Named “one of the most influential artists of the Rock & Roll era,” Prince is rated No. 27 on Rolling Stone’s list of 100 Greatest Artists of all time. Inducted into the Rock and Roll Hall of Fame in 2004, Prince won an Academy Award for his film “Purple Rain,” along with seven Grammy Awards and a Golden Globe Award. He’s sold over 100 million records, making him one of the highest paid artists of all time.
 
Listed for: $5.99 million (5.25 EUR)

For more information, please contact marketing@ascentrealestate.net

Reprinted with permission from RISMedia. ©2016. All rights reserved.

Home Prices Up 6.3 Percent Year over Year in December 2015

Home prices nationwide, including distressed sales, increased year over year by 6.3 percent in December 2015 compared with December 2014, according to the recently released CoreLogic® Home Price Index (HPI™) and HPI Forecast™ data for December 2015. Results also showed that prices increased month over month by 0.8 percent in December 2015 compared with November 2015.
 
The CoreLogic HPI Forecast indicates that home prices will increase by 5.4 percent on a year-over-year basis from December 2015 to December 2016, and on a month-over-month basis home prices are expected to increase 0.2 percent from December 2015 to January 2016. The CoreLogic HPI Forecast is a projection of home prices using the CoreLogic HPI and other economic variables. Values are derived from state-level forecasts by weighting indices according to the number of owner-occupied households for each state.
 
“Nationally, home prices have been rising at a 5 to 6 percent annual rate for more than a year,” says Dr. Frank Nothaft, chief economist for CoreLogic. “However, local-market growth can vary substantially from that. Some metropolitan areas have had double-digit appreciation, such as Denver and Naples, Florida, while others have had price declines, like New Orleans and Rochester, New York.”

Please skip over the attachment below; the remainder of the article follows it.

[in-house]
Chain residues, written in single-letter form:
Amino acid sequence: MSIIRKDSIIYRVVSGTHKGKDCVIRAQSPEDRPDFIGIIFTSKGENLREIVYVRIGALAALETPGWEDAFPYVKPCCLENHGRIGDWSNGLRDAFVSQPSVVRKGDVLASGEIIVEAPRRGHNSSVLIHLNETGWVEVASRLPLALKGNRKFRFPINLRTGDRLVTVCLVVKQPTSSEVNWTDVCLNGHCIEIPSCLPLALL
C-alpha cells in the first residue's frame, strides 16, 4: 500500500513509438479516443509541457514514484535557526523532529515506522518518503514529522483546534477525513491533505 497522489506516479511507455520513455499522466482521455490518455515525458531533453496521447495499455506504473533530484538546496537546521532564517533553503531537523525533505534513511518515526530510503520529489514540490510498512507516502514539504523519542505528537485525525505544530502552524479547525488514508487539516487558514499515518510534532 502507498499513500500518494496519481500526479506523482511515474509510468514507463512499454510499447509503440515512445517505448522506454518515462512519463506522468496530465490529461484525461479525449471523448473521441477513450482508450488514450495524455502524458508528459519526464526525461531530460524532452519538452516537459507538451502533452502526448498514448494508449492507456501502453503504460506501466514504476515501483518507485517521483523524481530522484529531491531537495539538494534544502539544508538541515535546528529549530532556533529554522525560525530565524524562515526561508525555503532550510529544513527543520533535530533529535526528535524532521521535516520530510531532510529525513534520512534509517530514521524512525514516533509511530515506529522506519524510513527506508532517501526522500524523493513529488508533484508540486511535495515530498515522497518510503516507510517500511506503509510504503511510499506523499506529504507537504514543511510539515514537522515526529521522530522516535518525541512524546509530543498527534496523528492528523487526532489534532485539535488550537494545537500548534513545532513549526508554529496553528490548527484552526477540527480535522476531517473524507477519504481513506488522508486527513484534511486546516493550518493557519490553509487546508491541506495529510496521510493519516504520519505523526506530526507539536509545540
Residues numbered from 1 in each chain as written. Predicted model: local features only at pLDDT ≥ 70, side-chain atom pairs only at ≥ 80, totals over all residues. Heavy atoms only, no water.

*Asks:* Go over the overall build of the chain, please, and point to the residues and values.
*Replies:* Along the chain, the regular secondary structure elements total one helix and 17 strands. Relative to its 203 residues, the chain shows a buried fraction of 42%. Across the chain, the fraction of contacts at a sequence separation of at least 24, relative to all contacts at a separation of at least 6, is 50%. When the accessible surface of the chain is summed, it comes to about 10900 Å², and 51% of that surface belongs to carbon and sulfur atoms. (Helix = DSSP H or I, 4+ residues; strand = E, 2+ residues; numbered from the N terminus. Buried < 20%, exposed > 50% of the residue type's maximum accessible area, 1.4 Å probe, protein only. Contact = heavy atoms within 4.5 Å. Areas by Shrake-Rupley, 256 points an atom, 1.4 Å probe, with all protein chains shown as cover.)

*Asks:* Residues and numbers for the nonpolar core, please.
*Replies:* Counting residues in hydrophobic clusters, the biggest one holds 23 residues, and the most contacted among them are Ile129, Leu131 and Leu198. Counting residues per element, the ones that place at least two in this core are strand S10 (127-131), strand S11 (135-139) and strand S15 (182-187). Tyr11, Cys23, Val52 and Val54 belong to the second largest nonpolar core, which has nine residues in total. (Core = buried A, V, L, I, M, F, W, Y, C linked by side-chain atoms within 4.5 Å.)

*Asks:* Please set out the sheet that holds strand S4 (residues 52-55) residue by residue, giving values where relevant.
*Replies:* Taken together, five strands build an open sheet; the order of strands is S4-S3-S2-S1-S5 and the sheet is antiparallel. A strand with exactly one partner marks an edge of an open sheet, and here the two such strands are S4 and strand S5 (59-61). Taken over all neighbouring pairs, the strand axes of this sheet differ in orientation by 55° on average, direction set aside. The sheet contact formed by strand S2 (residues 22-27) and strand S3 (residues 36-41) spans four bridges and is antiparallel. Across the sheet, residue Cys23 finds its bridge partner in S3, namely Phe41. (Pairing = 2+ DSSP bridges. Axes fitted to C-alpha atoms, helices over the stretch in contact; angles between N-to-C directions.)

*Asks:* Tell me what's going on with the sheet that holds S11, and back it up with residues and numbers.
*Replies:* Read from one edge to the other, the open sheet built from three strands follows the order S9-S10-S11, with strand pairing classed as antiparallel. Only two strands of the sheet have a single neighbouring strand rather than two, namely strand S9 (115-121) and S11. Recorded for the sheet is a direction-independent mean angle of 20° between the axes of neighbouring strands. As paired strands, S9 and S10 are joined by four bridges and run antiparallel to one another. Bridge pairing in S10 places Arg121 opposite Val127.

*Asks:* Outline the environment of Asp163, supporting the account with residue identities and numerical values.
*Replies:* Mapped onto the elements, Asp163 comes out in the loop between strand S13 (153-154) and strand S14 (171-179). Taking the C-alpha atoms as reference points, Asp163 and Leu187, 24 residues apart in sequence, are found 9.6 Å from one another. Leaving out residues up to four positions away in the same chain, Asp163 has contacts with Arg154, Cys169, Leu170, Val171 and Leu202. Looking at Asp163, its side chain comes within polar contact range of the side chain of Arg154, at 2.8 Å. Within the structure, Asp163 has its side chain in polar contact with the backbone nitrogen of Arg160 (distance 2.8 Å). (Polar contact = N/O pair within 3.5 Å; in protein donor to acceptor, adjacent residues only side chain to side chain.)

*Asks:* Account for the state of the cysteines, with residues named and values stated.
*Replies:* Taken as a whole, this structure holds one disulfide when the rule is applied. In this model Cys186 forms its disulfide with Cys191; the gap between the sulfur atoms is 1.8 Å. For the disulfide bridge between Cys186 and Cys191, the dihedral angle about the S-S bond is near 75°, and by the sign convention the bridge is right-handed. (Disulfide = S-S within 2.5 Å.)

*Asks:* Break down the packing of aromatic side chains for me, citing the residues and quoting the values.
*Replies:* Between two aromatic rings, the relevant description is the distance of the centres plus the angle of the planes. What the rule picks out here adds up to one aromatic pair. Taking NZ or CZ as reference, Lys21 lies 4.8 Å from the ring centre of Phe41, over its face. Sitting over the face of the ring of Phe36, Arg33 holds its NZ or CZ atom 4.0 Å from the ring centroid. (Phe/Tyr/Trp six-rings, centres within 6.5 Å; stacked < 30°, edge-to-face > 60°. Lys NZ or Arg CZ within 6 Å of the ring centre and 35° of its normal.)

“Higher property valuations appear to be driving up single-family construction as we head into the spring.  Additional housing stock, especially in urban centers on the coasts such as San Francisco, could help to temper home price growth in the longer term,” says Anand Nallathambi, president and CEO of CoreLogic. “In the short and medium term, local markets with strong employment growth are likely to experience a continued rise in home sales and price growth well above the U.S. average.”

For more information, visit www.corelogic.com

For more information, please contact marketing@ascentrealestate.net

Reprinted with permission from RISMedia. ©2016. All rights reserved.

Q: What Can I Do to Minimize Chaos, Danger and Stress Once a Remodeling Project Has Begun?

A:  Plan ahead.  Since your home will become a worksite once the remodeling begins, inconveniences will arise that can be minimized with a little planning.  Begin by having a frank discussion with the contractor to set guidelines and develop a clear understanding upfront about the various project stages and the processes involved.

 Talk, for example, about where building materials will be stored, how to best protect your belongings from dust and debris, areas of your home that will be off limits to workers and whether you will need to vacate the home for any reason over the duration of the work.  If a kitchen or bath will be out of commission, plan accordingly.  It’s okay to move the refrigerator, microwave and toaster oven to the basement or another designated area where you can prepare meals to avoid eating out.  Equally important are the rules that dictate how workers can conduct themselves in your home.  Will they be able to use your bathroom and the telephone?  Will they be prohibited from smoking, playing their radios or using profanity? Finally, remember to preserve a safe haven in your home where you can flee the chaos and dust and attempt to maintain your sanity.

For more information, please contact marketing@ascentrealestate.net